Resolving a split in authority among the Courts of Appeal, a unanimous California Supreme Court has just ruled that the Right to Repair Act (the “Act”) is the exclusive remedy for most claims of defective construction. As a result of the Court’s decision in McMillin Albany v. Superior Court (Van Tassel), developers and sellers of new homes in this state have now won a major victory in limiting their construction defect liability exposure for residential developments built after January 1, 2003.
The Act (codified at Civil Code Sections 895–945.5) was passed in 2002, in large part as a reaction to the Court’s decision in Aas v. Superior Court (2000) 24 Cal.4th 627, which held that homeowners could not sue for negligence in cases of defective construction without evidence of property damage or personal injury, in reliance on the economic loss doctrine. As explained in the case of Greystone Homes, Inc. v. Midtec, Inc. (2008) 168 Cal.App.4th 1194, 1210, the Act established a set of standards for residential construction and imposed tort liability on those persons who failed to meet those standards. Over time, however, a number of disagreements about the scope of the Act arose, specifically with regard to whether the Act was intended to abrogate most common law remedies or simply overturn the holding in Aas.
In the instant case, Carl and Sandra Van Tassel and several dozen others purchased 37 new single-family homes from developer/general contractor McMillin Albany at various times after January 2003. These homeowners then sued McMillin Albany in 2013, alleging that these houses were defective in nearly every aspect of their construction, including foundations, plumbing, electrical systems, roofs, windows, floors, and chimneys. The plaintiffs’ complaint included common law claims for negligence, strict product liability, breach of contract and breach of warranty, and also stated a claim for violation of the construction standards set forth in Civil Code Section 896.
Responding to the lawsuit, McMillin Albany asked the plaintiffs to agree to a stay of the litigation so the parties could pursue the pre-litigation procedures under the Act. The plaintiffs refused to agree, and also dismissed their Section 896 claim. McMillin Albany then moved for a stay in the trial court, which denied the request, holding that the Act did not alter pre-existing common law remedies based on Liberty Mutual Ins. Co. v. Brookfield Crystal Cove LLC (2013) 219 Cal.App.4th 98. On appeal of the denial of the stay, the Fifth District Court of Appeal declined to follow the interpretation of the Act upheld by the Fourth District in Liberty Mutual and the Second District in Burch v. Superior Court (2014) 223 Cal.App.4th 1411, and granted the stay, concluding that the Act was intended to supplant common law remedies in cases of defective construction.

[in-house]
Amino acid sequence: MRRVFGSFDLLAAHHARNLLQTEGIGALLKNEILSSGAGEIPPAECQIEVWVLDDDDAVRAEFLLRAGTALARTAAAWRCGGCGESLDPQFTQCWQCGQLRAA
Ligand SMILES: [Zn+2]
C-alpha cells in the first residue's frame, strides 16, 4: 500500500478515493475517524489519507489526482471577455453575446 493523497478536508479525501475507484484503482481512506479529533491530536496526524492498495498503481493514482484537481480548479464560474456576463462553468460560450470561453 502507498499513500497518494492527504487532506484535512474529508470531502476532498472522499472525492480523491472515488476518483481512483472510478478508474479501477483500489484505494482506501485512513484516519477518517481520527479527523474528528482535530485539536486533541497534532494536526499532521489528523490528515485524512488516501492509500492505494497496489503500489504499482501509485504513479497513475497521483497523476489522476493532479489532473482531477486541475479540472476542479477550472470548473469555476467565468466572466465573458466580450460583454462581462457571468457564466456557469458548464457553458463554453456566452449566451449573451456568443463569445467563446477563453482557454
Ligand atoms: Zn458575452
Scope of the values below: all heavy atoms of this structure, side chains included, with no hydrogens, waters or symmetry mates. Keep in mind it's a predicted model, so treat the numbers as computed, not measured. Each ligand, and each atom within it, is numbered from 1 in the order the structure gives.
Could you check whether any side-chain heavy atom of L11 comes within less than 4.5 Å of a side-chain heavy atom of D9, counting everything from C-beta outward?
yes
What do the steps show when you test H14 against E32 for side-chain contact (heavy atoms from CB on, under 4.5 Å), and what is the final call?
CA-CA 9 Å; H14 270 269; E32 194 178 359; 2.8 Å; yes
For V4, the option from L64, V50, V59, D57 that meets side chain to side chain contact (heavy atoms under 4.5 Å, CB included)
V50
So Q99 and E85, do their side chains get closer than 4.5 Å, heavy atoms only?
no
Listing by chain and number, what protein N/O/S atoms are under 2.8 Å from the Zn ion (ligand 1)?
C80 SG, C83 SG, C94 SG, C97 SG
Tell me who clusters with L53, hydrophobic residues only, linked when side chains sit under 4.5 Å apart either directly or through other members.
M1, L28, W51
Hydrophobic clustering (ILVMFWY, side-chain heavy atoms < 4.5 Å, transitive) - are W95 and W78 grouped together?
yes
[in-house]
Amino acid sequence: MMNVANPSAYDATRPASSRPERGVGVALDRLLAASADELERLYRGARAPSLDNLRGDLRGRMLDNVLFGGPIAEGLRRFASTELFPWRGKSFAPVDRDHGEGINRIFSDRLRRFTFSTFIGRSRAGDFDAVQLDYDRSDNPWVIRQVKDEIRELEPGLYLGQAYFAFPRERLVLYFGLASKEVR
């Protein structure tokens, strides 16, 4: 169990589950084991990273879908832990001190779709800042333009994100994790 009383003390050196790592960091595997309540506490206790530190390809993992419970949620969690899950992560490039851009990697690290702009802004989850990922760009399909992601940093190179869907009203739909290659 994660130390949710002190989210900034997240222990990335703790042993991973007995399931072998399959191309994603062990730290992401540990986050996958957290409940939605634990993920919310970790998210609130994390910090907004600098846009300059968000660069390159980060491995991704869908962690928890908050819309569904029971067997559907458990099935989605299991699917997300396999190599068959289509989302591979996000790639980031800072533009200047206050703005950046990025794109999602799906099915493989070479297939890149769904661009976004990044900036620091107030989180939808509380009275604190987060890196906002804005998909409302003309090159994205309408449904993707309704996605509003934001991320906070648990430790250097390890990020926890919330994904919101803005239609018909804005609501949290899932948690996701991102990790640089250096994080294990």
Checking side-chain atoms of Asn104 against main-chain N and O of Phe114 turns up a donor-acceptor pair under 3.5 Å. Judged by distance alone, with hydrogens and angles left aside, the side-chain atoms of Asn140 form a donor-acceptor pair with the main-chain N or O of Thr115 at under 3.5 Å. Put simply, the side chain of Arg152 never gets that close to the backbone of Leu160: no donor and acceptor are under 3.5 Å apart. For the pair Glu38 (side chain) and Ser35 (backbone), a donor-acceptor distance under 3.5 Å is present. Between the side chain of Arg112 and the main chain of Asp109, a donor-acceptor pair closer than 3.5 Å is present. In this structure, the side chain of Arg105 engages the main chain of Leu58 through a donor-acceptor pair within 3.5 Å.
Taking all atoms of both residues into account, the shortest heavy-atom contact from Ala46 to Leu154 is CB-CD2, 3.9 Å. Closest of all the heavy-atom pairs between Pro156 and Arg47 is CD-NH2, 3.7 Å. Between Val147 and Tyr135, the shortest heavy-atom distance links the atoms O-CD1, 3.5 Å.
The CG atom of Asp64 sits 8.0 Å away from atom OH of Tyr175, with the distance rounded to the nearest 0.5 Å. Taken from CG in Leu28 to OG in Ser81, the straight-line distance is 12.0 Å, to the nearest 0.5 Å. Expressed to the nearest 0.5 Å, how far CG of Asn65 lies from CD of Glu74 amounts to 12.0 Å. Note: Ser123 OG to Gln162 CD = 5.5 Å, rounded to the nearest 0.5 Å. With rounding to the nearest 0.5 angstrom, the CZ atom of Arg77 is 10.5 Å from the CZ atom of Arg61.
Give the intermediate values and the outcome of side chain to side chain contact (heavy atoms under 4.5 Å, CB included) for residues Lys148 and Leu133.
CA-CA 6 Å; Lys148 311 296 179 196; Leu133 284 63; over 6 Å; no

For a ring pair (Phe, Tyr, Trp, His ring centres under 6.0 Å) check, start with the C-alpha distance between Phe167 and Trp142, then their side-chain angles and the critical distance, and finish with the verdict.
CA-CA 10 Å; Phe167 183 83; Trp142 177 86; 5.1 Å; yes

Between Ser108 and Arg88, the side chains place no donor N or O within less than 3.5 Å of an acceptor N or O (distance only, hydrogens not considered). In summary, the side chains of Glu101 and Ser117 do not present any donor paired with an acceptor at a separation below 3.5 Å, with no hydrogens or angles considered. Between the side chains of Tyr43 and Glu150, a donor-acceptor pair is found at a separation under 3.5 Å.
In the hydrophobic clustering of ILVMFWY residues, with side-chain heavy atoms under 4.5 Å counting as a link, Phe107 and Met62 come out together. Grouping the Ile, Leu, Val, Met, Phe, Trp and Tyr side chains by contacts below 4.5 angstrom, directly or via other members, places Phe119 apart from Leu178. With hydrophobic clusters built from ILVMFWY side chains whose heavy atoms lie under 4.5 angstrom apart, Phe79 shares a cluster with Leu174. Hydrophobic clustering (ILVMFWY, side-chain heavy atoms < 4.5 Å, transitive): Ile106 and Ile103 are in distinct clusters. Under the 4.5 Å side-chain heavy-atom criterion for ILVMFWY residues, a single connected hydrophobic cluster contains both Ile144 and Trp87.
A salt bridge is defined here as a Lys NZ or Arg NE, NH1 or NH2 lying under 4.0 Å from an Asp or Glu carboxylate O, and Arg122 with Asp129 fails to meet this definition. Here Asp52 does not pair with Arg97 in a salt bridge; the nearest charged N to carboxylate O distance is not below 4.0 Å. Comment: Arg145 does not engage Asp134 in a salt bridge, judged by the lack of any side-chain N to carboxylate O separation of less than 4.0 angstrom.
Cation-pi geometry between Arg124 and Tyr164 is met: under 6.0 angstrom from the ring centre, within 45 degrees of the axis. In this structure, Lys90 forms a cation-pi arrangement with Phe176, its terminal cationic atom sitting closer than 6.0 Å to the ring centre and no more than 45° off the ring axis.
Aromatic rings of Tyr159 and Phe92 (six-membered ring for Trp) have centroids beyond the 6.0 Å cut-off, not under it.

Granting review to address the conflict between the courts of appeal, the California Supreme Court reviewed the history of the Act and its language. Based on this analysis, the Court concluded that the state legislature intended to broadly alter the common law remedies for defective construction, making “the Act the virtually exclusive remedy not just for economic loss but also for property damage arising from construction defects.” The Court also found that allowing homeowners to bring common law claims without first abiding by Act’s pre-litigation procedures would thwart the Act’s purpose in providing builders a pre-litigation right to repair.
In recognizing the Act as the exclusive remedy for defective construction, the Court also pointed out that the statutory structure of the Act imposed a number of obligations on home builders that, if not followed, would negate the pre-litigation protections afforded them by the Act. Thus, while these developers have been provided a means of avoiding costly litigation, they must take care to adhere to the requirements of the law to accrue those benefits. As with so many of California’s laws that regulate the conduct of contractors, these statutory protections come at the price of scrupulous obedience to the law.
The text of the California Supreme Court’s decision in McMillin Albany v. Superior Court (Van Tassel) may be found here.